how much of a free lunch is available? I had time to pull together a couple of links on the subject and wanted to pass them along.

One arguments is that there's a significant amount of savings available my reducing unnecessary treatment and making cheap early treatment/diagnostics more easily available.

Perhaps the best argument for that point of view comes in two Atul Gawande articles for the new yorker:
1) About McAllen TX, which makes the claim that the medical/hospital establishment drives a lot of spending over and above what's medically necessary

2) About "hot spot" patients and the idea that reducing the amount of health care resources consumed by a small umber of patients could reduce costs without affecting the health care available to the vast majority of people.

Two interesting counter-arguments that I've seen are both from Ezra Klein's Washington Post blog, the first by Sarah Kliff and the second
by Klein:

1) On prevention: "The idea that prevention saves money feels intuitive. "When we think of prevention, we tend to think of the individual who benefited," Russell writes. We conjure up an image of the woman who caught breast cancer early, averting expensive treatments, or the man who brought his weight down and lived a long, healthy life. That, however,
discounts all the mammograms that didn't detect cancer and didn't prevent anything and all the individuals for whom weight management
programs didn't work. All those costs add up to the point that most preventive interventions cost more than they save."

2) On comparative spending: "There are many possible explanations for why Americans pay so much
more. It could be that we're sicker. Or that we go to the doctor more frequently. But health researchers have largely discarded these theories. As Gerard Anderson, Uwe Reinhardt, Peter Hussey and Varduhi Petrosyan put it in the title of their influential 2003 study on international health-care costs, "it's the prices, stupid.""

This argument suggests that comparisons to other countries (almost all of whom have lower per-capita health care spending than the US) may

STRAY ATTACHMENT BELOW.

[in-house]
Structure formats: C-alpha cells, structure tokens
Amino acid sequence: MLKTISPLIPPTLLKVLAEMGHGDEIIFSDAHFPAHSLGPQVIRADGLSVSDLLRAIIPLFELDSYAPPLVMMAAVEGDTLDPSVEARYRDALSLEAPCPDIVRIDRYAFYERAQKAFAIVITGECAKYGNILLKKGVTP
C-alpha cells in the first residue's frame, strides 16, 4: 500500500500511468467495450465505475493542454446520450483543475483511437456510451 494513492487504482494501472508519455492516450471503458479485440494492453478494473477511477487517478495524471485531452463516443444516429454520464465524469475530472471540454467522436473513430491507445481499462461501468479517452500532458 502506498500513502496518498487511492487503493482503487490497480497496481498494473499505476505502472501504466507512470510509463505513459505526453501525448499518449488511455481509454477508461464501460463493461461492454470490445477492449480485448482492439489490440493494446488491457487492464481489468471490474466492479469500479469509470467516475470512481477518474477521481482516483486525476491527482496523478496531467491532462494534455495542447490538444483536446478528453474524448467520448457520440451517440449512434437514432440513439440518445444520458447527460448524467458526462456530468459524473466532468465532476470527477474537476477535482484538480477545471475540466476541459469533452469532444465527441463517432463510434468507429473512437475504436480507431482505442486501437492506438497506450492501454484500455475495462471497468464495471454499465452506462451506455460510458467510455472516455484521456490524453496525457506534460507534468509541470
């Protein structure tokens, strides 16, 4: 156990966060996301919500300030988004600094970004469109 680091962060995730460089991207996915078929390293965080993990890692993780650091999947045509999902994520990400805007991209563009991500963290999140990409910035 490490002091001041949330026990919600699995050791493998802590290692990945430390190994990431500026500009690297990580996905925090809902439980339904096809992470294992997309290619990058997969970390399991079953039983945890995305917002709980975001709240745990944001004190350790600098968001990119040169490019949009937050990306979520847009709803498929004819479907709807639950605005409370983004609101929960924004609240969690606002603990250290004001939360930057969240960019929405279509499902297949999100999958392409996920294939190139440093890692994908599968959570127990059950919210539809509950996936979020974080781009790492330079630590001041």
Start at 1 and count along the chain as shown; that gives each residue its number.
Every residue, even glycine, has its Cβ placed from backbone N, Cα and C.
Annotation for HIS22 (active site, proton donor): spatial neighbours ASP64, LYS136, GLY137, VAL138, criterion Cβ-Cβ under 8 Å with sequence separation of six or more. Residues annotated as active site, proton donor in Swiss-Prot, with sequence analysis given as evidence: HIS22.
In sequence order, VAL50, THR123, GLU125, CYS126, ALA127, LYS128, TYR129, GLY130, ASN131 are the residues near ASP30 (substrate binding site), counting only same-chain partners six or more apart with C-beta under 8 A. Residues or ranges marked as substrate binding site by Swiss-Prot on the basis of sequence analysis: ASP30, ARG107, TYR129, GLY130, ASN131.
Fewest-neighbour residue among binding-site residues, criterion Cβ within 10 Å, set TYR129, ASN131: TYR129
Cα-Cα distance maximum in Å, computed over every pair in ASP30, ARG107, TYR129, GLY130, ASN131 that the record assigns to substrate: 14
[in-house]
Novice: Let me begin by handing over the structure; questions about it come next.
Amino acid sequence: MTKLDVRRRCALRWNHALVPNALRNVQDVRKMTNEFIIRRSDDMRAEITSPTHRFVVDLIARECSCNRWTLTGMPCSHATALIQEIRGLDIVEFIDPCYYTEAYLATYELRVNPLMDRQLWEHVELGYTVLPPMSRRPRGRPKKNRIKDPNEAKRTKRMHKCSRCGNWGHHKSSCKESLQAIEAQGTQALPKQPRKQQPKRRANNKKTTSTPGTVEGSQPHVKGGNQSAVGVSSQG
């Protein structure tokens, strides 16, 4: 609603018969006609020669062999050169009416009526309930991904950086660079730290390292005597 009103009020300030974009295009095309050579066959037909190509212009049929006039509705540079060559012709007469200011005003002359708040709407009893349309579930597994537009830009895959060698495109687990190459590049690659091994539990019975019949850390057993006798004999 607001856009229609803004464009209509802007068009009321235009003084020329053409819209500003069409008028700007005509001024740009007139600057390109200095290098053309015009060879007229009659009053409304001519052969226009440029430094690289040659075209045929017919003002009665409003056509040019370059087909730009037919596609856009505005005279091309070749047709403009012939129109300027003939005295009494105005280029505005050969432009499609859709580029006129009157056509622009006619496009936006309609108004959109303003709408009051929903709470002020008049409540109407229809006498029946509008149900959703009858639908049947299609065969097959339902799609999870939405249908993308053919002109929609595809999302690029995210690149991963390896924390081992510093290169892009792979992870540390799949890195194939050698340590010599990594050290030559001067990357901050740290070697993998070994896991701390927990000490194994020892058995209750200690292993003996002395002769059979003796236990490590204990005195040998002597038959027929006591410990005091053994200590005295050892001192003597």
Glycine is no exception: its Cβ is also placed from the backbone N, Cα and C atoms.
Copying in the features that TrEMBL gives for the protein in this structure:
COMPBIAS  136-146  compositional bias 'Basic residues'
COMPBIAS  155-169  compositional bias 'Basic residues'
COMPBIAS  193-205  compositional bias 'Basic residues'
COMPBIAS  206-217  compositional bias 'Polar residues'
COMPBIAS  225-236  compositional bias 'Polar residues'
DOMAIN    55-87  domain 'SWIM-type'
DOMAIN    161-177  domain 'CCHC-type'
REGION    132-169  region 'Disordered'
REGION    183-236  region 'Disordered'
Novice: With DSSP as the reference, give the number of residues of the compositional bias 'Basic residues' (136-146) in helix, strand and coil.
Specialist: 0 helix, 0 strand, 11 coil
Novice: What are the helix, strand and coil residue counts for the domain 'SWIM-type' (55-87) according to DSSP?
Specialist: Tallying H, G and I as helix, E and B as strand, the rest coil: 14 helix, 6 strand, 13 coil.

create false impression about the scale of "free lunch" opportunities.

If the cost of Health Care in the US is driven primarily by the cost of treatments, rather than the frequency and distribution of treatment it could mean that there's no way to make significant cost reductions without directly challenging current providers and asking somebody to take less money for a service they currently perform -- a different argument than getting people to be more efficient about what services they do, and likely to face much more push-back.

----------

The question is whether the the chart about spending on health care for pets helps answer that question, and I'm not sure that it does. It might push you towards a more pessimistic view if you think that the comparative lack of pet insurance reduces the opportunities for McAllen style spending and that "hot spot" pets would be a smaller portion of the total spending than is true for humans, and that prices have still gone up.

But you might also conclude, as I was trying to argue, that prices have gone up from a very different base, and that the dis-analogies might be a reason to think the two data sets aren't directly comparable, rather than thinking that it's evidence against the hoped for "free lunch" reductions in health care spending.


Posted by: NickS | Link to this comment | 01- 7-13 4:10 PM
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or is it outrageous just to let your pet die and/or put it to sleep when you could save it through the application of mere cash?

A few months ago, my friend called me in tears because she'd just had her cat put to sleep. The cat had become paralyzed and the vet couldn't figure out why, without spending a couple hundred dollars on tests. So they put the cat to sleep.

I didn't ask "What about just letting the cat spend the night at the vet and see if it gets any better?!" because she was already upset, and the cat was already euphemized. But I was amused/weirded out that they killed the cat so readily.


Posted by: heebie-geebie | Link to this comment | 01- 7-13 4:11 PM
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I mean EUTHANIZED. Jeez.


Posted by: heebie-geebie | Link to this comment | 01- 7-13 4:12 PM
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doesn't seem all that gilt-edged to me.

Maybe luxury is a slur, read volitional if a less snarky description is preferable.

For well-insured wealthy people, I don't agree. I don't know how much of the system that accounts for. Any substantive answer would include numbers, which I do not have. But overtreatment is an issue. Like everyone else, I know people who aren't getting enough care due to poor/absent insurance, and I want a better life for them. I am thinking about better care in some form different from amplifying the current often dysfunctional system.

Maybe ceasarean sections are a useful example of a marginally beneficial treatment much more frequent in the US than elsewhere. Basically, aside from thinking that the age distribution data was worthwhile and interesting, I was curious whether anyone knew of concise descriptions of tweaks to the existing US system that might make things better. Atul Gawande describes various shortcomings of fee for service, maybe he or someone similarly oriented has policy suggestions that I haven't noticed.